In Shamitabh, actor Amitabh Bachchan plays a character who is extremely picky about his scripts, and that is the film’s biggest irony, says Aniruddha Guha in his Dedh Minute Review.
Dhanush plays a mute Igatpuri boy who wants to be a film star. He lands up in Mumbai and bumps into an assistant director, Akshara, who is so enthralled by his talent, she flies him down to Finland and pays for a surgery. A surgery that does not ensure that Dhanush can speak again, but one that helps somebody else to speak through him with the help of a new technology. That somebody is Amitabh Bachchan.
May be, you can wrap your head around that extremely absurd and inane idea. May be, you could buy the argument that Bachchan’s voice could suit another actor, especially one who is 40 years younger than him. And may be you could overlook the fact that Bachchan’s baritone just does not go with Dhanush’s personality. Even if you allow the film all its flights of fancies, even then, Shamitabh is a drag.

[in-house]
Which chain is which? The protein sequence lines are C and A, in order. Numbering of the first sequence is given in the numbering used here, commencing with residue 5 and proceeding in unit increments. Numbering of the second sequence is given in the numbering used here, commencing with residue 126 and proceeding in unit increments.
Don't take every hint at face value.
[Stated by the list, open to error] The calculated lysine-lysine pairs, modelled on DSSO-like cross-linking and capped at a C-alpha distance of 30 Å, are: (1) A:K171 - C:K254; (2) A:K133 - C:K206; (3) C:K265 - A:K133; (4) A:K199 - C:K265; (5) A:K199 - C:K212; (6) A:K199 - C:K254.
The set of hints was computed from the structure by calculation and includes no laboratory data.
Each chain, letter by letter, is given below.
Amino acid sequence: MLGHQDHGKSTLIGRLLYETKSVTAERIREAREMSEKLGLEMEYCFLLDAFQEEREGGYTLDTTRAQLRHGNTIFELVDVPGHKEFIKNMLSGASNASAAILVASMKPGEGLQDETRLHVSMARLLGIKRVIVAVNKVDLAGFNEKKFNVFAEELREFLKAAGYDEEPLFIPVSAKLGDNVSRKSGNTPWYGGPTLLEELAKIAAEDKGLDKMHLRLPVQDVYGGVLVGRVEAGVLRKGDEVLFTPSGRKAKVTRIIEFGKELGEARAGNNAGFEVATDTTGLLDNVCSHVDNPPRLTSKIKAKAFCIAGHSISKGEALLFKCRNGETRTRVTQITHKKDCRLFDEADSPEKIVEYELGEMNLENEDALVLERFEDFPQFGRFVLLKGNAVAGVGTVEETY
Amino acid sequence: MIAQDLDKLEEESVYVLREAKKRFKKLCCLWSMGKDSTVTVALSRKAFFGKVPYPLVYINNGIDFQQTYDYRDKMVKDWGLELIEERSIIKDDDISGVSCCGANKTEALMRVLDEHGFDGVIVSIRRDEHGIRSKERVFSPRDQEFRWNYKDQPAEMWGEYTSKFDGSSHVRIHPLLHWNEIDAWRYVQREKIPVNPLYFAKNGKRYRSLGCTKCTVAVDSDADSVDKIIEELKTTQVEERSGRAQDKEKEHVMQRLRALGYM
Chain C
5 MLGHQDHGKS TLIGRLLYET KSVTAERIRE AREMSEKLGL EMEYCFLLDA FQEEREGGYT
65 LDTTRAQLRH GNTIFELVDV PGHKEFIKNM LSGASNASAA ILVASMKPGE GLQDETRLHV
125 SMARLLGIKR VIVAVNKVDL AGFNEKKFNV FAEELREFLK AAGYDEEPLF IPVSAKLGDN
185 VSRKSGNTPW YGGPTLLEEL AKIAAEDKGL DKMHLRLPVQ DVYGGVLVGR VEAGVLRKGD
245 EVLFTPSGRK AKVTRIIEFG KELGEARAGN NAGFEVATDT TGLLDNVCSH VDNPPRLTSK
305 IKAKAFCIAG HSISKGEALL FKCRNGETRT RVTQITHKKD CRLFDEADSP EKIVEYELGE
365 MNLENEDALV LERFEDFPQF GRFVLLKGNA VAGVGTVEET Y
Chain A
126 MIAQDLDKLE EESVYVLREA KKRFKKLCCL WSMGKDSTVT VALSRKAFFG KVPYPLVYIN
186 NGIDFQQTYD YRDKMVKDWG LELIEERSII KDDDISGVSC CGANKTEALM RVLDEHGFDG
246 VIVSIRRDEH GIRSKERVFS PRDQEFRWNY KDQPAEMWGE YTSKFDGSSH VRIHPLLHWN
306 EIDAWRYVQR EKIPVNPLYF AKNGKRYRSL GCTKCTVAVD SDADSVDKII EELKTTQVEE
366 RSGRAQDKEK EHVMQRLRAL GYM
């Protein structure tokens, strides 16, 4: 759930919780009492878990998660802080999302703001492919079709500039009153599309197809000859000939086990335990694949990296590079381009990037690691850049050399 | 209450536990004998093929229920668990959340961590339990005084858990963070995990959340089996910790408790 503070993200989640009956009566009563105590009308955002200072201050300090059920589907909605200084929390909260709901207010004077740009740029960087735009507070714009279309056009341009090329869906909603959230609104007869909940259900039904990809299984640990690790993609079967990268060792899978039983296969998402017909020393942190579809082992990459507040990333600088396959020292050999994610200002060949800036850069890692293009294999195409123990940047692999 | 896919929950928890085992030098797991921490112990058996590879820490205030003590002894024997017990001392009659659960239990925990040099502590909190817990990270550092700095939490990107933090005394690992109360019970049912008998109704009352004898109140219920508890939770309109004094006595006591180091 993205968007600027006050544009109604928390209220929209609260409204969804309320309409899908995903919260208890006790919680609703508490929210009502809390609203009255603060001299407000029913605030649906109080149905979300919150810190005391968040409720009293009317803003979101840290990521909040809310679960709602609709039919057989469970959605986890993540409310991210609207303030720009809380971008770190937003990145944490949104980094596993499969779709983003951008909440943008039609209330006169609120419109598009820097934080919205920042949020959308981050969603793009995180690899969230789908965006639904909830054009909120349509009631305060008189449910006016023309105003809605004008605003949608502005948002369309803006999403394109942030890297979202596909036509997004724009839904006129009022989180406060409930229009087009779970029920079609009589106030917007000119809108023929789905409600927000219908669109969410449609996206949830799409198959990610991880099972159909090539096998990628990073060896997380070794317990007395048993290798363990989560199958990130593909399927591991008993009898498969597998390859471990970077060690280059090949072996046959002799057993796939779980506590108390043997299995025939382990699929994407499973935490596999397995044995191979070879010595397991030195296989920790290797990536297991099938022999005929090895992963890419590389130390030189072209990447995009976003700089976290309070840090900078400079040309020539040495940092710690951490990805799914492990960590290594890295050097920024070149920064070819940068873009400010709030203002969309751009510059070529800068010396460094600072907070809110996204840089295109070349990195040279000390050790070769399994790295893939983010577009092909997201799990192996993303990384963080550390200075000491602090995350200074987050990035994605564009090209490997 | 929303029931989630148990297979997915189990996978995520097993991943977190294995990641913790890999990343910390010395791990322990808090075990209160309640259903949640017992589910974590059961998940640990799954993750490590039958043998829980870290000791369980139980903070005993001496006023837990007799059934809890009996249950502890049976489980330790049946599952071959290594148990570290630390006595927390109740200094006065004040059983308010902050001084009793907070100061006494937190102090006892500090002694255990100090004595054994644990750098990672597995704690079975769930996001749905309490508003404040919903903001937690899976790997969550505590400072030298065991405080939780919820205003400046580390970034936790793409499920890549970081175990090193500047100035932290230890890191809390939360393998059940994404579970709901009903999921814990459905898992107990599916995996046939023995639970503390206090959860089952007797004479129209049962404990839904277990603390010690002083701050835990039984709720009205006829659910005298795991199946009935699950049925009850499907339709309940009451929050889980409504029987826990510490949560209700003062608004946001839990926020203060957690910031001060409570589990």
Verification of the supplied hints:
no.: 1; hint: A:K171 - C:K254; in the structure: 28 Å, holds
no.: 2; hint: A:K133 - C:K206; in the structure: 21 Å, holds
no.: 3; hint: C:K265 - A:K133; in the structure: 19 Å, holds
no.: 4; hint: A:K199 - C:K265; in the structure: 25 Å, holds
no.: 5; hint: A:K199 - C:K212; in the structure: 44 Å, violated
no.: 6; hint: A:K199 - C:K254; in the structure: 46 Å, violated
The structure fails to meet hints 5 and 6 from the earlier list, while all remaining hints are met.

All R Balki films centre around Bachchan, but Shamitabh takes the director’s obsession with the actor beyond even Bbuddah Hoga Terra Baap levels, another self-referential Amitabh Bachchan film. Shamitabh lacks coherence, common sense, or even a basic level of engagement.
There’s a dialogue about scotch and water, and about how scotch doesn’t need water, but water is pointless without scotch. If I have to use that analogy to describe the film, Shamitabh is all water, no scotch.